parental rules, they were less likely than the school stayers to face consequences other
than being told off.

They did much the same things with their friends with four notable differences: they
were much less likely to go out to entertainment (19 percent cf. 60 percent of school
stayers), or participate in organised sport (4 percent cf. 26 percent); and much more
likely to go out with no fixed agenda (57 percent cf. 28 percent), and drink alcohol (37
percent cf. 5 percent). They were more likely to value friendships because they were
longlasting (30 percent cf. 13 percent); and to mention as a drawback that there could
be competition with their friends (15 percent cf. 5 percent). They were less likely to
refrain from doing something their friends wanted them to do, but their parents did not
(22 percent cf. 45 percent).

Seventy-one percent still saw their friends from school; and these friendships were just
as likely to be as solid or extending as the school stayers’: where they differed was that
their friends were more likely to be getting into trouble, and involved in activities with
some risk: alcohol and drug use, smoking cigarettes, unsafe sex; and they were
somewhat less likely to trust their friends.

They were more likely to fall in love, have sex, break up with a romantic partner than the
school stayers, experience family breakup, change where they were living, experience
health problems, drink alcohol, get hassled or bullied, get into physical fights, get into
trouble, including with the police, lose control of their temper, and be hassled about their
sexuality. The latter may indicate a higher proportion of gay and lesbian young people
who left school early. If so, it would be consistent with reports about negative school
experiences for this group. It is of concern that they continued to feel hassled about
their sexuality beyond school, particularly if that was a reason for leaving school early.

Parents of school leavers were less likely to think they were generally happy (39
percent cf. 86 percent of school stayers’ parents), and more likely to think they were
unsettled by something (61 percent cf. 44 percent of school stayers’ parents) They
showed more concerns: 32 percent were concerned about five or more of the 14 areas
we asked about, cf. 4 percent of the school stayers. Only 29 percent had no concerns at
all, cf. 59 percent of the parents of school stayers. Their level of concern was higher for
every area we asked about, other than school behaviour. Just under half thought their
child had left school before they were ready to do so; and a third were worried about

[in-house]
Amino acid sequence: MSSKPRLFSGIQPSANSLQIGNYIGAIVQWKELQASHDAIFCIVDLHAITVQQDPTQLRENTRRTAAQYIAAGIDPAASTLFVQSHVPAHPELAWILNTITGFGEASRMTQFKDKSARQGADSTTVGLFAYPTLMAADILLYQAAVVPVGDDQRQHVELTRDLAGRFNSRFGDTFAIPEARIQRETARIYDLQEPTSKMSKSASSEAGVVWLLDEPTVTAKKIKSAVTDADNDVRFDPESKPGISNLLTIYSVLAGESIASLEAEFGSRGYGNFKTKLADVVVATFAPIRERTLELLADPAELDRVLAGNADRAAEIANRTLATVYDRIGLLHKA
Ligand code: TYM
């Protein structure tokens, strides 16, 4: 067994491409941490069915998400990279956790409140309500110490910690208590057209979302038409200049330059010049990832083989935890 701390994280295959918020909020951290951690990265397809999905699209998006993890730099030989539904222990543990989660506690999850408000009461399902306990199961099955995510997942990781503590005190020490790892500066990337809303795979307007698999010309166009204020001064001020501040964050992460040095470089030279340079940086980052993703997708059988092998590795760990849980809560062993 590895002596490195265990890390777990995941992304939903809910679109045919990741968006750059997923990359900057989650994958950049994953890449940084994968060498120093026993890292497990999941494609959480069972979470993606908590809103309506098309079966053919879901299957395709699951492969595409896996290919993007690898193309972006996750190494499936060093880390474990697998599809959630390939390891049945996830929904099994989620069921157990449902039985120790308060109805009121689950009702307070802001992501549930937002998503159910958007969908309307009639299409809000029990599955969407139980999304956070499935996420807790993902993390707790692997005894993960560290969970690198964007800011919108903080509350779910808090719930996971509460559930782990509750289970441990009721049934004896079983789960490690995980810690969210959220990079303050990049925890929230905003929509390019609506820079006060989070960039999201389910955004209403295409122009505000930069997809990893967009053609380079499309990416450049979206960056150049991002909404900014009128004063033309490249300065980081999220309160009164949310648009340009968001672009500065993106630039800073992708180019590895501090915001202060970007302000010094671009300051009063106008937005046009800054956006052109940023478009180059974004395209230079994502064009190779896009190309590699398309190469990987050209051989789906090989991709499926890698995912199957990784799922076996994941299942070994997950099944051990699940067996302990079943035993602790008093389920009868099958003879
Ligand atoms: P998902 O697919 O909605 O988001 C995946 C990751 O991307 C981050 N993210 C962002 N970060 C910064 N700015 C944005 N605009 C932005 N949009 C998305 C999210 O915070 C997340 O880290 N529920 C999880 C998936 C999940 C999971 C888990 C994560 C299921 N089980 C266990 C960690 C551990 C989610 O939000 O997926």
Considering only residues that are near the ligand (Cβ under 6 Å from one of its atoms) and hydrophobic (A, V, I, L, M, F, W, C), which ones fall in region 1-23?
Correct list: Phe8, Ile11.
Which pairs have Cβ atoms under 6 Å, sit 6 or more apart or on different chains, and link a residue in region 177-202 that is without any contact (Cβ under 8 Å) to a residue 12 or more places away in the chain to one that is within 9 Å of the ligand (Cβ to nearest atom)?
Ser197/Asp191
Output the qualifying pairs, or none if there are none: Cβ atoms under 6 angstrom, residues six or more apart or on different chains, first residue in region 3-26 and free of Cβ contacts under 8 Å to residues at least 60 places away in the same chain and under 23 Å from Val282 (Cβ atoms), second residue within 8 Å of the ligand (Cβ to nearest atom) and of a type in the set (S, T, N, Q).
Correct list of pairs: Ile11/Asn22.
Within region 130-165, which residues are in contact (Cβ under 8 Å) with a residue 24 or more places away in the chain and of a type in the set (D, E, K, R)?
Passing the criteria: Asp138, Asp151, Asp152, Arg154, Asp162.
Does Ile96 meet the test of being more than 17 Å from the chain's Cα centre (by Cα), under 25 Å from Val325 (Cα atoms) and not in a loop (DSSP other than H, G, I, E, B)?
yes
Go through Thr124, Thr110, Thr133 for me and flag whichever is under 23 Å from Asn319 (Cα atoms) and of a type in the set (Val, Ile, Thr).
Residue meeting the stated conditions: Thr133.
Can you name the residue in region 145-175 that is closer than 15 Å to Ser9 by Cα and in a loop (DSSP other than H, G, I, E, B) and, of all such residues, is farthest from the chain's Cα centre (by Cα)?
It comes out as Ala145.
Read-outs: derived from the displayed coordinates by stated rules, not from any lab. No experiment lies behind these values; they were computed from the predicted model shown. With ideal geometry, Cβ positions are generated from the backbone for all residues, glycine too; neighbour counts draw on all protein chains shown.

their child’s life choices or choice of work/study. Some aspects where parents of school
leavers were three or four times more likely to note a particular concern were around
their child having unsuitable friends, or loneliness, a lack of interests, or unsuitable
interests, getting into trouble, having relationships that included sex, being reckless, and
using illegal substances. They were twice as likely to contest parental authority. Yet
parental concern about their child being disengaged in interests or giving up was much
the same for the school stayers and school leavers.

The school leavers’ views of their relationships with their parents were generally similar
to the views of those who were still at school, but they were less likely to trust their
father (almost half were in sole-parent families) or feel their father would know if they
were upset, and somewhat more likely to think that their family checked that they were
doing what they needed to do.

If they had younger siblings, they were less likely to teach them about something, or
take them out; but they were more likely than school stayers to do things with their
siblings, share interests, and play games together.
They were more likely than the school stayers to mention employment, taking care of
themselves, or a skills-related achievement as things they were proud they had done
over the past year, and less likely than the school stayers to mention academic, sports,
or arts achievements.

Thus, on the whole, we see a different kind of learning identity among the school
leavers. Some young people felt a positive pull from learning opportunities that they
could not have at school, raising questions about whether schools should and could
offer more, or whether we should think more broadly about how we could support young
adult students in a range of different educational settings.

Others had started to disengage from school some years before, seeking to jump-start
adulthood, often because school, which is where we locate children and young people,
was not for them a site of success or affirmation.

One of the themes of the next set of chapters is how schools structure the range of
courses that students can take, and how different approaches to classes can provide
students with different learning opportunities, some more engaging than others, and
some seemingly more conducive to the development of positive learning identities. The
contents of these chapters may shed more light on how we can lessen the number of
students who leave because of “push” factors.